Editor: I hope you had a great day giving thanks with loved ones yesterday.
Much to my surprise the post I wrote on the day before Thanksgiving about 88 mayors demanding more refugees went off-the-charts viral, so if you didn’t see it, check it out.
And, thank you dear readers for continuing to follow RRW and special thanks to the donations from many of you that have made it possible for Refugee Resettlement Watch’s renewed presence on the internet.
On a trip to Japan a few days ago Pope Francis learned first hand that Japan steadfastly maintains that it wants to keep its unique language and culture and not become a multiculty polyglot nation as so many European nations have become.
From the New Hampshire Union Leader:
Pope’s message of openness to refugees prompts backlash in Japan
TOKYO – A visit to Japan by Pope Francis and his dream of a nuclear-free world drew largely positive headlines this week in Japan. But when he tried to gently encourage the Japanese to extend a hand of friendship to refugees, the backlash on social media was significant.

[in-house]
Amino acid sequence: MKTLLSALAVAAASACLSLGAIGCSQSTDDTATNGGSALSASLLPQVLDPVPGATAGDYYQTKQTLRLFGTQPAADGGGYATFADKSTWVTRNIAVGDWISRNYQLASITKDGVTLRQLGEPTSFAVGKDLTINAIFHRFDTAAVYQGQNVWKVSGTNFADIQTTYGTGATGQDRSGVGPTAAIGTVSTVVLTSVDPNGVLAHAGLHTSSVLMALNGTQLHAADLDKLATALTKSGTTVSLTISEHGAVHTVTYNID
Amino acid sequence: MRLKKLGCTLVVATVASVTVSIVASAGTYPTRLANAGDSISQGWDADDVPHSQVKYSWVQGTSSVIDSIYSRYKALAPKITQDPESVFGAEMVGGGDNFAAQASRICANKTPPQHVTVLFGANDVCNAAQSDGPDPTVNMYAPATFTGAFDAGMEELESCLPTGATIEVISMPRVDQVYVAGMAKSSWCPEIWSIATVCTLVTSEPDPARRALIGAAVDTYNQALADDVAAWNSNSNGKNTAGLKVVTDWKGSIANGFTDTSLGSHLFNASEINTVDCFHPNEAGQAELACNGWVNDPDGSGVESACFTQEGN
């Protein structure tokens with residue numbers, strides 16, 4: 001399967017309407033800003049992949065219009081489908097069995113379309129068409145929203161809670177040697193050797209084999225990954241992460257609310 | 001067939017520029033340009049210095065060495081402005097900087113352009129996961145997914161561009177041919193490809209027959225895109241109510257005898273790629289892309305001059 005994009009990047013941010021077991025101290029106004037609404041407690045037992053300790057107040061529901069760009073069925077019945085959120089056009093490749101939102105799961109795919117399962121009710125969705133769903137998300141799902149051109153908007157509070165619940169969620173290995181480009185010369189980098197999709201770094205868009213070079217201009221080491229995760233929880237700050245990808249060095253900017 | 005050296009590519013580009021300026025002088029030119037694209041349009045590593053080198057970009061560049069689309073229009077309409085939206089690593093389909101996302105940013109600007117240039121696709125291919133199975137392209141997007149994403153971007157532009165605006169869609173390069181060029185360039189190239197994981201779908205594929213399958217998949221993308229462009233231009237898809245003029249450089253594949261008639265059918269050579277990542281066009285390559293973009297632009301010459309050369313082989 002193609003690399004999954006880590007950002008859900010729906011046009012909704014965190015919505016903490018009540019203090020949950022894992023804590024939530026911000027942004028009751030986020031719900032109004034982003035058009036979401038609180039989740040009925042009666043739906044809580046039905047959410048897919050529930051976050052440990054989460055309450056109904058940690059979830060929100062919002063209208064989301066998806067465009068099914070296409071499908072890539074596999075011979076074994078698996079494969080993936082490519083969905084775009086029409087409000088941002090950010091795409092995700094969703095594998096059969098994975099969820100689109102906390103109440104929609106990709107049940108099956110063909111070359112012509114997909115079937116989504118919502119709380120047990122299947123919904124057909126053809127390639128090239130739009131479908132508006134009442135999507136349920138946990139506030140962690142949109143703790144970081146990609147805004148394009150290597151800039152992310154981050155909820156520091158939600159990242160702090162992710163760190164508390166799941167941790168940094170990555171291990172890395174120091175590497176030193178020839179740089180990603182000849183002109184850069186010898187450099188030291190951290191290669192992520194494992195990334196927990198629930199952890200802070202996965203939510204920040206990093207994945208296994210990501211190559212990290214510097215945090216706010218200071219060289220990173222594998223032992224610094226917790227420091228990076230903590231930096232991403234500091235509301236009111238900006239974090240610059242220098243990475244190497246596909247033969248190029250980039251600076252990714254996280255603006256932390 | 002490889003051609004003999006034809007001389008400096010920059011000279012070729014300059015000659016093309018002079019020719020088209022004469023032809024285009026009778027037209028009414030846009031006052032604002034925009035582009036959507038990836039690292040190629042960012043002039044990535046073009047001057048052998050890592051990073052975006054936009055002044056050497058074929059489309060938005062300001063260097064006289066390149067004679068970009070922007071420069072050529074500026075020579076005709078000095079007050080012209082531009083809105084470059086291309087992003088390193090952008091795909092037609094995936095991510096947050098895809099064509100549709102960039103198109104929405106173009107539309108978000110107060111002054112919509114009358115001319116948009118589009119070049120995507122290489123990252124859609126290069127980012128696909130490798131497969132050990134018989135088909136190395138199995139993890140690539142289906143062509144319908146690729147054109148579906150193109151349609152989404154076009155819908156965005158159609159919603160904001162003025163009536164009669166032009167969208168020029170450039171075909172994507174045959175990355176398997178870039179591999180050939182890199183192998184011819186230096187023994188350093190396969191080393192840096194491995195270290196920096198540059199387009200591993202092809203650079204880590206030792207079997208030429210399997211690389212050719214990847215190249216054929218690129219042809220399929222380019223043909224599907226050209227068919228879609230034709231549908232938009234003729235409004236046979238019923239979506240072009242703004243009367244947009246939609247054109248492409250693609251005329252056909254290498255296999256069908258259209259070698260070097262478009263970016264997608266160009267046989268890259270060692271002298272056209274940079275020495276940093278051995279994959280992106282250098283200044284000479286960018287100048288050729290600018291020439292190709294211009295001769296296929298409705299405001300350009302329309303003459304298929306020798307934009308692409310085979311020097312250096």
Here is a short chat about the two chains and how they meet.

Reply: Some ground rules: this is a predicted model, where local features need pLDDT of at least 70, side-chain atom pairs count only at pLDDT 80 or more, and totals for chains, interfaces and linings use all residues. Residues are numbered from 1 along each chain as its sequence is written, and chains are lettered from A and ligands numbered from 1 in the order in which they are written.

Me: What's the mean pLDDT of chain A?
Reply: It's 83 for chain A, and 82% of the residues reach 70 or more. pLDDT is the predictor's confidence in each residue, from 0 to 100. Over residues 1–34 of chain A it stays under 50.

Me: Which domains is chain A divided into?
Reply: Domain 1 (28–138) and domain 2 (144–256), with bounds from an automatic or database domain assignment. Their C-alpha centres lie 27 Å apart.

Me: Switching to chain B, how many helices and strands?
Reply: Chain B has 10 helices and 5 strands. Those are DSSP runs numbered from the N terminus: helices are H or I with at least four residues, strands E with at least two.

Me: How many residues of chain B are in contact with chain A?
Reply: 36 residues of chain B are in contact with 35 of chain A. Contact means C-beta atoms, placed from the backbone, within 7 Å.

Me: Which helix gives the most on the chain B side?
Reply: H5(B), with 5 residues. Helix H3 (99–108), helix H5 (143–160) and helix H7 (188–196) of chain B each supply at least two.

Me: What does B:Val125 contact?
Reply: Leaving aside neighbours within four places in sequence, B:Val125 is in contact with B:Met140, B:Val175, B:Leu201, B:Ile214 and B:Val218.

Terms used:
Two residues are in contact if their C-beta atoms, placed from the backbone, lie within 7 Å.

Japan has some of the toughest policies toward refugees and asylum seekers among the world’s richest nations, and a reputation for being relatively closed toward outsiders.
The pope’s effort to preach a more accepting message was not universally accepted.
The story was one of the most read on the TV Asahi website on Tuesday and Wednesday and tweets with the words “accept refugees” were trending.
But the response seemed more negative than positive.
“Do that first in the Vatican,” tweeted @Ryounagasugi7, a tweet liked by 14,600 people and retweeted 4,700 times.
“I am sorry. We’ve seen how European countries have failed terribly. Even so, do you still say that? First of all, we are not a country where Christians are dominant. Would you please ask other ‘Christian countries’? Such as America, or America, or America,” tweeted @no_problem666.
Response by a bunch of No Borders activists: Shut down the refugee-phobia on Twitter!
After seeing the flood of negative comments, a group of volunteers who support asylum seekers detained at a facility in Ushiku north of Tokyo called on Twitter to act.
“Tweets that would inflame refugee-phobia, xenophobia are growing, @TwitterJP should deal with it as its own platform has been used to inflame xenophobia,” they wrote on their account @freeushiku.